decreasing]
=> Population phenotypes will adapt to changing conditions
In a
favourable
environment, K increases:
e.g.,
productivity of meadow increases
iteroparity more advantageous, population density increases
In an
unfavourable
environment, r increases:
e.g.,
severity of winter highly variable
semelparity more advantageous, early reproduction favoured
Kstrategy:
maintain population size N close to K
longlived,
reproduce late, smaller # offspring, lots of parental care
E.g.,
many bird species, primates (including Homo)
rstrategy:
maximize growth potential
r
shortlived,
reproduce early, larger # offspring, little parental care
E.g.,
most invertebrates, some rodents
We can extend singlelocus multilocus quantitative models
p^{2}:2pq:q^{2}
W_{0},W_{1},W_{2}
Mendel's Laws & HW Theorem
normal
distribution fitness
function
heritability
Variation can be quantified (see a Primer of Statistics for review)
mean
standard deviation:
variance: ^{2}
coefficient
of variation (CV)
= (/)
x 100
CV
removes
size effect when comparing variance:
Ex.: Suppose X = leg
length
Y
= eye width
X = 100
1.0
versus
Y = 1.0
0.1
CV of X = 1% CV
of
Y = 10%
Y is more variable, though _{X}
is larger
Quantitative
variation follows "normal distribution"
(bellcurve) iff
Multiple loci are involved
Each locus has about the same effect
Each locus acts independently
[interaction variance (see below) is minimal]
Variation has two sources: genetic (_{G}^{2}) & environmental (_{E}^{2}) variance
phenotypic variance _{P}^{2}
= _{G}^{2}
+ _{E}^{2}
+ _{GxE}^{2}
additive variance _{A}^{2}
= _{G}^{2}
+ _{E}^{2 }
heritability
h^{2} = _{G}^{2}/_{A}^{2}
= _{G}^{2}
/ (_{G}^{2}
+ _{E}^{2})
"heritability in the narrow sense": ignores _{GxE}^{2 }
interaction variance:
Identical genotypes produce different phenotypes in
different
environments.
Ex.: same breed of cows produces different milk yield on
different
feed
The Norm of
Reaction describes the relationship between genetics and environement
Artificial
breeding
indicates that
organismal variation is highly heritable
ex.:
Darwin's
pigeon breeding experiments
Artificial
selection
on agricultural species
Commercially useful traits can be improved by selective breeding
IQ
scores in Homo: h^{2}
0.7
[But: IQ scores improve with education: _{GxE}^{2}
is large]
Offsrping
/ Midparent correlation
For many traits in many organisms:
CV = 5 ~ 10 %
h^{2} = 0.5 ~
0.9
Fitness
function
expresses relationship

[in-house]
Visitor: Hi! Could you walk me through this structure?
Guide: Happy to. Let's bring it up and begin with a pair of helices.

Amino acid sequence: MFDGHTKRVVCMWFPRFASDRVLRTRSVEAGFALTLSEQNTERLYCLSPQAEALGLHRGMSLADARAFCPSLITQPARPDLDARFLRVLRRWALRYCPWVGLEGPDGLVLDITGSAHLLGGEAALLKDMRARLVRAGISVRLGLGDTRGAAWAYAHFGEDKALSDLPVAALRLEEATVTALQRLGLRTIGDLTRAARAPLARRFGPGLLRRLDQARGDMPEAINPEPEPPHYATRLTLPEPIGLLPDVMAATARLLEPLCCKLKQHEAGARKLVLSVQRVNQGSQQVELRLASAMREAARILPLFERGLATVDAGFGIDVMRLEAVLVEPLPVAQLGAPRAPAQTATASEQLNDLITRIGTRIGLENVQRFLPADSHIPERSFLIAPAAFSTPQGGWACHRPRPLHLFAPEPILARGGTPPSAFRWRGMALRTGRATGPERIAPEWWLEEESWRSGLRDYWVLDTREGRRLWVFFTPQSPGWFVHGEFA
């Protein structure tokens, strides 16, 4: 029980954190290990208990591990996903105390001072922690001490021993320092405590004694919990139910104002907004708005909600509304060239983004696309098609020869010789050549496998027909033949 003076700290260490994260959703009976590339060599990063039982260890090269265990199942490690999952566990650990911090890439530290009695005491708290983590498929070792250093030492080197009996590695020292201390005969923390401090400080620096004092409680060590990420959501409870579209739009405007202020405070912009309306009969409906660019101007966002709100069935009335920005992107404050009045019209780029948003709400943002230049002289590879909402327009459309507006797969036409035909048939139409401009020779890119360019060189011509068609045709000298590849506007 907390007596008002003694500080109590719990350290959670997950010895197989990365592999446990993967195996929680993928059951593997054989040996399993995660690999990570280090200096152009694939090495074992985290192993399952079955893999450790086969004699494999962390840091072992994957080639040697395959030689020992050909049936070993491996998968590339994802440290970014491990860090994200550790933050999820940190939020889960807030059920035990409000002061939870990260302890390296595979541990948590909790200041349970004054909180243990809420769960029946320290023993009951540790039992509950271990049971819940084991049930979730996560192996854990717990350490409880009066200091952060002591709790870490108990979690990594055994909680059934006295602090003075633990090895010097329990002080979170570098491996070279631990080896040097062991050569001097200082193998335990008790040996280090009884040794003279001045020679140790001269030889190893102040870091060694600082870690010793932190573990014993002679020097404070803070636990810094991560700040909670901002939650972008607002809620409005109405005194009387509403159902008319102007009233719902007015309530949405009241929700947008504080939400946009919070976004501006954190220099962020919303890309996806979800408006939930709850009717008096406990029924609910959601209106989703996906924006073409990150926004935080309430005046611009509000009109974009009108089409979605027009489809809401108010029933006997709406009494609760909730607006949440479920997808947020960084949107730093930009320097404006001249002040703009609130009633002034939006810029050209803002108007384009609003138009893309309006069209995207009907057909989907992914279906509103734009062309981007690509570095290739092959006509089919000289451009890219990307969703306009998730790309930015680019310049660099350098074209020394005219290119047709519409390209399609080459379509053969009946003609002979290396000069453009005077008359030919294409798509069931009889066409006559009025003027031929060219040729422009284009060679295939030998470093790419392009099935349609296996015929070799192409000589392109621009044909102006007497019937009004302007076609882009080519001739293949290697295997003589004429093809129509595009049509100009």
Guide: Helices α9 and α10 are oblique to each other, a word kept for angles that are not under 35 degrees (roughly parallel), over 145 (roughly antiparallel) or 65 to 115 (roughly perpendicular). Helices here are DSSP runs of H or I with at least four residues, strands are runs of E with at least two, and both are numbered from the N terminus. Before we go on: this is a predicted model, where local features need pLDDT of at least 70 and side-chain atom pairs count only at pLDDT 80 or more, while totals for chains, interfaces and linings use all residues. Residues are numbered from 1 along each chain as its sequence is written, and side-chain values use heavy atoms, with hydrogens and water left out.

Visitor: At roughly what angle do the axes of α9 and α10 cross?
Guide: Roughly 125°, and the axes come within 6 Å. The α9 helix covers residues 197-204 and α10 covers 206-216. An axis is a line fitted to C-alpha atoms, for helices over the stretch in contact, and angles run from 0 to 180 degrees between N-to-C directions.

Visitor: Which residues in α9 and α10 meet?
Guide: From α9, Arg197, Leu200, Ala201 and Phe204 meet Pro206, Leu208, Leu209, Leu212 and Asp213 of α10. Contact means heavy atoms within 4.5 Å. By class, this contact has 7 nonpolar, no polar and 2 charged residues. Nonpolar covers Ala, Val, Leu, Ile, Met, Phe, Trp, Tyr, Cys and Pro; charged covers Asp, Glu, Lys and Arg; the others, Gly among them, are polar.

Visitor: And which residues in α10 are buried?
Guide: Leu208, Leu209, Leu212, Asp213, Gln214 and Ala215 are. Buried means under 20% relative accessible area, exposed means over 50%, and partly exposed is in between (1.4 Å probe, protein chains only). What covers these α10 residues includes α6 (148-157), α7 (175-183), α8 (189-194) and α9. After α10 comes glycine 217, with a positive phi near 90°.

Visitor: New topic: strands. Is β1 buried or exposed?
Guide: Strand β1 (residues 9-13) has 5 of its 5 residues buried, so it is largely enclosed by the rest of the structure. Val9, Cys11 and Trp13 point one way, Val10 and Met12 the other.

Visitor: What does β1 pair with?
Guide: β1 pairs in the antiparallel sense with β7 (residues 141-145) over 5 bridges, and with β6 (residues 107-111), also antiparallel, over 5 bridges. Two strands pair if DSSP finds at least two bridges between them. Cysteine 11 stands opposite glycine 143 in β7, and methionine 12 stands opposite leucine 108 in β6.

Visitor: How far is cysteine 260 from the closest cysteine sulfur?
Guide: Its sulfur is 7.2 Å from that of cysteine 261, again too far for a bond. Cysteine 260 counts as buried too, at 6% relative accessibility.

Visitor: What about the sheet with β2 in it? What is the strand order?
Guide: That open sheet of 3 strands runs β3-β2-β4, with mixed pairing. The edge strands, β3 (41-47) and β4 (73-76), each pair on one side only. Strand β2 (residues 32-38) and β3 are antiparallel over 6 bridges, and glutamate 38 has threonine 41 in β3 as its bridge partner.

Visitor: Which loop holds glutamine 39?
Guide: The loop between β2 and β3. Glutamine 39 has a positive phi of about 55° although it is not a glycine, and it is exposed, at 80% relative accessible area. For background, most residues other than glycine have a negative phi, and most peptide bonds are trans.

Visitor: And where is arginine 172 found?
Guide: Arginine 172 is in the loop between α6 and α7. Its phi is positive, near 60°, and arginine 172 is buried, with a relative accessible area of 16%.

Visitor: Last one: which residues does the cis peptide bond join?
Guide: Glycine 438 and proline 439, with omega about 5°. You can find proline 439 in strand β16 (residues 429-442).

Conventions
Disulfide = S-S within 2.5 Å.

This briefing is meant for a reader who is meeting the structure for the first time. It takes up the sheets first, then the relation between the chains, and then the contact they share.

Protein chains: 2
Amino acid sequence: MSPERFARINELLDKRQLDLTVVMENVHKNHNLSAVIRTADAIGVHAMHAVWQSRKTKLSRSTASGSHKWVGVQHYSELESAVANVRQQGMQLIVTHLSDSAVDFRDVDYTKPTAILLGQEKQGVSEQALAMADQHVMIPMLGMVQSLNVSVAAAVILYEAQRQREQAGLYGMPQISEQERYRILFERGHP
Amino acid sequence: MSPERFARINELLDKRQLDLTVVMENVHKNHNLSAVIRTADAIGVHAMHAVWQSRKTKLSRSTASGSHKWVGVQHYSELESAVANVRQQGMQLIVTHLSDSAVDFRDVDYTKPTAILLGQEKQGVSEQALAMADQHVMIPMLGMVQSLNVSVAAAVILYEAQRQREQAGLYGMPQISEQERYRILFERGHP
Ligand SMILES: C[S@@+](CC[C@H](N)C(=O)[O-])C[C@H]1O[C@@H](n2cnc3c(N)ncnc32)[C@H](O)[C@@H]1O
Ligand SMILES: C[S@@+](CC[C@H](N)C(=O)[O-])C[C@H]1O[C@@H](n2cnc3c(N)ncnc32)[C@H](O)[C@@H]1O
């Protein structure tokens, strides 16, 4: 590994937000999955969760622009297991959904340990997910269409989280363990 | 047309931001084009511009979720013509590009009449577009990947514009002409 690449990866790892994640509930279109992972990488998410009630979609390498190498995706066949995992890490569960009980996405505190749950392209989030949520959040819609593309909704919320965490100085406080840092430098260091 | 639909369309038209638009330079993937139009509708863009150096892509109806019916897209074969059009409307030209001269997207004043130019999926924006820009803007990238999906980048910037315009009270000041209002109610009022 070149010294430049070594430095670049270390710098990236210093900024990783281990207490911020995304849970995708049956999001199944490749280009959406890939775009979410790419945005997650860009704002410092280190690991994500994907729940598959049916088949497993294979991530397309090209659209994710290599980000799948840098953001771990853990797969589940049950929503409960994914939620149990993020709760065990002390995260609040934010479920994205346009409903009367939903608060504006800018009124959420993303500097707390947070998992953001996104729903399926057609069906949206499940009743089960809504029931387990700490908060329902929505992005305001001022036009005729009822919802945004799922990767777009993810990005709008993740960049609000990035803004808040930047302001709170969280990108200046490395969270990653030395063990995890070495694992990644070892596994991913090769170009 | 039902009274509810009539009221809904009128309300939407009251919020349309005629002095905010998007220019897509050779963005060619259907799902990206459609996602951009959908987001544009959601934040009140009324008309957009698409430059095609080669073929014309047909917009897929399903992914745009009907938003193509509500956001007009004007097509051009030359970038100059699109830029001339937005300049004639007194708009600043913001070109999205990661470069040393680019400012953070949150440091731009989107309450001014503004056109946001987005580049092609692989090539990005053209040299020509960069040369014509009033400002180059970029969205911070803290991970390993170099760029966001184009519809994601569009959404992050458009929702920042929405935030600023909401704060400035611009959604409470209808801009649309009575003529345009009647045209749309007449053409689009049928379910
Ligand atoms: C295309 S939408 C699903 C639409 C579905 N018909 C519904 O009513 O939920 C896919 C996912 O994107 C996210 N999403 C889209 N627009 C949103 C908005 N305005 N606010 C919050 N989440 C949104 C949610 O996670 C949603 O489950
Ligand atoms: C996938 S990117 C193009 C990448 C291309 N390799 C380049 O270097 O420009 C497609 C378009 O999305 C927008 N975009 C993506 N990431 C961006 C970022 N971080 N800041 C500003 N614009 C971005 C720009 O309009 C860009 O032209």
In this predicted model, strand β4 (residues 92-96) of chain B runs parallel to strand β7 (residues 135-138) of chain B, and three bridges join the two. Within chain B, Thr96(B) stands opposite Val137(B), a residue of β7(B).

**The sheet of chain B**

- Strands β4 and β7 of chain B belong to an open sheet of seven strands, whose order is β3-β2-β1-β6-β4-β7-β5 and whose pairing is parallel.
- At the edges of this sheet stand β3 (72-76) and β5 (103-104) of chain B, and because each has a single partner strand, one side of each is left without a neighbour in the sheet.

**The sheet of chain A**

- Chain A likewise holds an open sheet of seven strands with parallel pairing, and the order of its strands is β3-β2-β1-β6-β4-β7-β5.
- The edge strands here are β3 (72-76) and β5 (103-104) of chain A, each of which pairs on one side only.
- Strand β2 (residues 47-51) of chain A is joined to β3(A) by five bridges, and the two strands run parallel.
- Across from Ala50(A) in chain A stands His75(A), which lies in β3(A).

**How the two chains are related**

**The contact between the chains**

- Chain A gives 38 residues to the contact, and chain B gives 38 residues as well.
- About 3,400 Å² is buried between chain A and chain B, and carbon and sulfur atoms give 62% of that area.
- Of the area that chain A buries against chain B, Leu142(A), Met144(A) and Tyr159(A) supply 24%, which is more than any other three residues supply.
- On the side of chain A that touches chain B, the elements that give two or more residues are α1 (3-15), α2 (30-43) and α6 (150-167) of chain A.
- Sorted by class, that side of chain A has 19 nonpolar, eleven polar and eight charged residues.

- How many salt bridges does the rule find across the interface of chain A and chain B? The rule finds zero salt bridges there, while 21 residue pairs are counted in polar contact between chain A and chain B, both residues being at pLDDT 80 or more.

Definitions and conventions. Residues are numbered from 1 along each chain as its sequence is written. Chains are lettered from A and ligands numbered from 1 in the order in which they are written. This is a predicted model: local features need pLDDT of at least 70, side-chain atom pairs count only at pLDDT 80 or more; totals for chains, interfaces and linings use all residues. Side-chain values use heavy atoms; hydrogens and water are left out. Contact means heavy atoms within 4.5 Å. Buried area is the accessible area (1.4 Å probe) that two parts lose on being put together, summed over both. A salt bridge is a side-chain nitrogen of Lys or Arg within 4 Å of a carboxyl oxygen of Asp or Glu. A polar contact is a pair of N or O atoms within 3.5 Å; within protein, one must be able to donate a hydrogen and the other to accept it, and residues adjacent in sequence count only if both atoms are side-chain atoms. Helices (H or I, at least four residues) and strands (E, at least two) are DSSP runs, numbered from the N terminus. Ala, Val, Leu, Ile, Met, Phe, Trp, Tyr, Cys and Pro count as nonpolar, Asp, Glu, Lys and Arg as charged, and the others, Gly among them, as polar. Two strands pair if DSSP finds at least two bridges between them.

between
genotype & fitness
Function is a continuous
variable, rather than discrete values for W_{0},
W_{1},
& W_{2}
=> Most traits vary & are
heritable.
Many traits
do
respond to 'artificial' selection.
Many traits
should
respond to 'natural' selection.
=> To demonstrate & measure
Natural
Selection,
we must
show experimentally that heritable
variation has consequences for fitness
<=
Quantitative
trait distribution can be described as a bell curve
with a particular mean & variance:
What happens to this distribution under Selection?
(1) Directional Selection
Fitness
function has constant slope:
Trait mean
shifted towards favored phenotype
trait variance unaffected
In
singlelocus
models, the limit of selection is
Elimination
of variation by fixation of favored allele
In quantitative
models,
rate is limited by
substitutional
genetic load:
"cost" of replacing nonfavored allele (
"intensity" of selection)
"Soft"
selection
Mortality is densitydependent
In 'real' stable populations: N_{(after)}
N_{(before)}
Survivorship is proportional to fitness up to K: more
realistic
Selection will affect recruitment to next generation
Ex.: If the firstborn dies of malaria, s/he will be replaced.
More births occur such that N is continually "topped up".
Birth of succeeding offspring will maintain N near K
(2) Stabilizing
Selection (AKA truncation selection)
Fitness
function has a "peak"
Trait
variance reduced around (existing) optimal phenotype,
trait mean unaffected
Limits:
elimination of variant alleles
or, 'weeding out' of
disadvantageous variants
homozygosity at multiple loci:
difficult iff variance due to recessive alleles
inbreeding depression: loss of
'health'
in inbred lines
Examples:
Elimination of noncryptic pepper moths (Biston)
melanistic variants are eliminated rapidly
in lightcolored environments
peppered variants are reduced slowly
in darkcolored environments
Birthweight
in Homo (Karn & Penrose 1951)
Modal birthweight is optimum for survival
(3) Diversifying
Selection (two kinds)
There
is a lot of variation: does selection explain it?
(A) Balancing
Selection:
Fitness
function has more than one peak (multimodal)
Overdominance:
heterozygotes
have superior fitness at a locus
because different alleles are favoured in different environments
Examples:
sicklecell
hemoglobin in Homo ('Contradictory' selection)
Leucine Aminopeptidase (LAP) & salinity
tolerance in Mytilus mussels
heterodimers:
multimeric enzymes with polypeptides from different alleles
often show wider substrate specificity, kinetic properties (V_{max}
& K_{M})
myoglobin in
diving mammals
Heterosis:
heterozygosity at multiple loci improves general fitness
Hybrid
vigour: crossbreeding
of inbred lines
improves fitness in F_{1}
Marginal
epistasis: high 'H_{obs}' is 'good for you'
Ex.:
correlation between phenotype & genotype: antler
points in Odocoileus deer
Ex.:
fluctuating
asymmetry:
Acionyx
cheetahs
are lopsided
Maintaining polymorphic phenotypic variation by selection
Sexual
Selection (Darwin 1871):
'exaggerated' phenotypes are disadvantageous somatically
but are favoured in competition for mates
secondary sex characteristics:
Sexual dimorphism in mallards,
peafowl,
& lions
Antlers